PHILPOTS, G. E. PAYNE : Carnegie, Victoria, Australia (May 22, 1939).


Heredity is a factor in causation of caries. The elder of the author’s two sons inherited the jaws and tooth-structure of his mother ; from his father he inherited good resistance to caries. The younger son inherited teeth and well developed jaw-bones from his father ; from his mother, low resistance to caries. The elder son, as a child, deliberately chewed bones and hard food; so much so, that his temporary teeth showed distinct evidence of attrition, which apparently enabled him to maintain all his temporary teeth to be shed in a natural way. Chewing of food helps to develop the jaw bones, and to prevent crowding of teeth. Modern methods of storing fruits and vegetables un­doubtedly oxidize vitamins and change the chemical coordination of con­tained mineral salts. When the miller, by refining processes, removes min­eral salts and vitamins, the constitution and teeth of persons who use the denatured products suffer. The growing child may get the necessary natural foods in the home; but when between meals he eats sweets and cakes, ” the normal balance in the blood is upset “—and normal teeth are not formed.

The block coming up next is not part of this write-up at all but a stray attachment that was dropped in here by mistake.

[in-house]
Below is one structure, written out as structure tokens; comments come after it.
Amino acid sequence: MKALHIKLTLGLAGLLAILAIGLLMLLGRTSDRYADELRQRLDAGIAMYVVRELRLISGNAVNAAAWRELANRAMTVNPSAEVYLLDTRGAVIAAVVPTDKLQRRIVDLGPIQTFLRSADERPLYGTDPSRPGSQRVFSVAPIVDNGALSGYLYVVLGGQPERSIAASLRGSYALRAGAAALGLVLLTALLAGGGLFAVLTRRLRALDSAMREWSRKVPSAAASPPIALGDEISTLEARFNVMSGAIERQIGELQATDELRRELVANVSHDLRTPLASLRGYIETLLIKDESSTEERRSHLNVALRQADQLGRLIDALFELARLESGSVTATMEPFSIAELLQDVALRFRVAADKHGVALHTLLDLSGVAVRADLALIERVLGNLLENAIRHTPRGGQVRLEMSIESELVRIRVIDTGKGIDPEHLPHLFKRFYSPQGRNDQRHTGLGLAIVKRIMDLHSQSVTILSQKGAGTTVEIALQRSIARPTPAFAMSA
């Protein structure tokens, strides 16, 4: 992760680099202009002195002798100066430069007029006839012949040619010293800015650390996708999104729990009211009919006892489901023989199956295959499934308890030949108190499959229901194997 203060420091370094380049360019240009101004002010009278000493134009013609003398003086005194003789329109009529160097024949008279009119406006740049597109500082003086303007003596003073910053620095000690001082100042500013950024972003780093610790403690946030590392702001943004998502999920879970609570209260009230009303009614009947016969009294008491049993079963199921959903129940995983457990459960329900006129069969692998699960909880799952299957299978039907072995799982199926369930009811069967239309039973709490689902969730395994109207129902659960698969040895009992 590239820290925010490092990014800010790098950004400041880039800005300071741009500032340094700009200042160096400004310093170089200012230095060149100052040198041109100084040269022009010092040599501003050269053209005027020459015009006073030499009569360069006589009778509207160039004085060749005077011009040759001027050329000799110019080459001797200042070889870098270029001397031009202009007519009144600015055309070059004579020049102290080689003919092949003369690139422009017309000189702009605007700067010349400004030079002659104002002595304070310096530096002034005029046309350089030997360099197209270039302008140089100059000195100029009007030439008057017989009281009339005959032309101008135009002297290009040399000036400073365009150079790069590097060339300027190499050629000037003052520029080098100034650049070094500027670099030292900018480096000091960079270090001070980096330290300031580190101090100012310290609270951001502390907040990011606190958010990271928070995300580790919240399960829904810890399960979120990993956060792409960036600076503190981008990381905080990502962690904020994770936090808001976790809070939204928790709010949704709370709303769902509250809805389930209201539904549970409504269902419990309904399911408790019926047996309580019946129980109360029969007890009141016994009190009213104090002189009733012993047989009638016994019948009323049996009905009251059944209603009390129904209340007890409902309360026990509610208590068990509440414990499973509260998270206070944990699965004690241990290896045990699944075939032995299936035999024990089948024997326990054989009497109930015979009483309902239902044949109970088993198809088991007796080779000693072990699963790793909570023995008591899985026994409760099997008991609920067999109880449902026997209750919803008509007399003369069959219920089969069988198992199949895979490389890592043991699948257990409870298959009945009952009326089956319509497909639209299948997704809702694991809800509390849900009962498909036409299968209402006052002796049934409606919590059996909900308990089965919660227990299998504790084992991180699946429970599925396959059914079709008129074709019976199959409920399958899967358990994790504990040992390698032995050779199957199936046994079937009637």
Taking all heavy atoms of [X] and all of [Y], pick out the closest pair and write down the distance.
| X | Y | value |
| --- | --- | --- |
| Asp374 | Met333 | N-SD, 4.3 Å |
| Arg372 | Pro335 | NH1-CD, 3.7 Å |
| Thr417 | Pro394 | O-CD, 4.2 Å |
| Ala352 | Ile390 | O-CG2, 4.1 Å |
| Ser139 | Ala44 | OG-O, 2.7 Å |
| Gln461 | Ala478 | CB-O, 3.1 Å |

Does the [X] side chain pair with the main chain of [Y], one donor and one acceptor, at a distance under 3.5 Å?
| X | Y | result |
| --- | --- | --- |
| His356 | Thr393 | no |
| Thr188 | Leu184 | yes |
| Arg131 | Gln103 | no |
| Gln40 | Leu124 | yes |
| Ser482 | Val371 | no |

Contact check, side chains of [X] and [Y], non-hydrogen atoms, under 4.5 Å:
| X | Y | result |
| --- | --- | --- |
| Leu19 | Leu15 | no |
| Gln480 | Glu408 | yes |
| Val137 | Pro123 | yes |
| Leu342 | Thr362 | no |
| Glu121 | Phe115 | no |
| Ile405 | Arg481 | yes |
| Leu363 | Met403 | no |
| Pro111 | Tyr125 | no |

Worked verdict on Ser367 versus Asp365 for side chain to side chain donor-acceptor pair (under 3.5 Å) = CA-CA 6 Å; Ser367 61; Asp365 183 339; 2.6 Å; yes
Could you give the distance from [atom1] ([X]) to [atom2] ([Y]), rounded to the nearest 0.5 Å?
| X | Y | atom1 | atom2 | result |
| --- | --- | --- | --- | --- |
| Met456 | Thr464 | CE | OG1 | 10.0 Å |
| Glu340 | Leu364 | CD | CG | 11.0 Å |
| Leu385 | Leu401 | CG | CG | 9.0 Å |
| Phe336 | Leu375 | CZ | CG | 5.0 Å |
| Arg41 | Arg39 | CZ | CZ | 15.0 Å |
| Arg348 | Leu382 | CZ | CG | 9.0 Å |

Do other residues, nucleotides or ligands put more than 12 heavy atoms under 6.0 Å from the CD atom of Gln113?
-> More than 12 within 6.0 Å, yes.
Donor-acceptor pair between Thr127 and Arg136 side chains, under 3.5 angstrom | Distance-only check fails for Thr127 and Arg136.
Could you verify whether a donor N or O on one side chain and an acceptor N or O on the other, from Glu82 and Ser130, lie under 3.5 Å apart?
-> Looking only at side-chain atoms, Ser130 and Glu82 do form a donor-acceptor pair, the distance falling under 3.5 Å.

Soil in which wheat and dairy produce is raised contains sixteen chemical elements ” intended by Nature ” to give the human body all that is required to resist disease and build healthy teeth. When these necessary vital chemical elements are removed from soil, it is impossible for people, fed on devitalized and demin­eralized foods raised thereon, to have good health—which is a sine qua non for good teeth. Whole-meal bread contains the sixteen chemical elements and vita­mins necessary for health and vitality. Research inEngland, conducted by Sir Albert Howard ofLondon—by the introduction of the “Indore process ” of soil manuring—is a challenge to methods used in reliance on chemical fertilizers.

Reference: None submitted.

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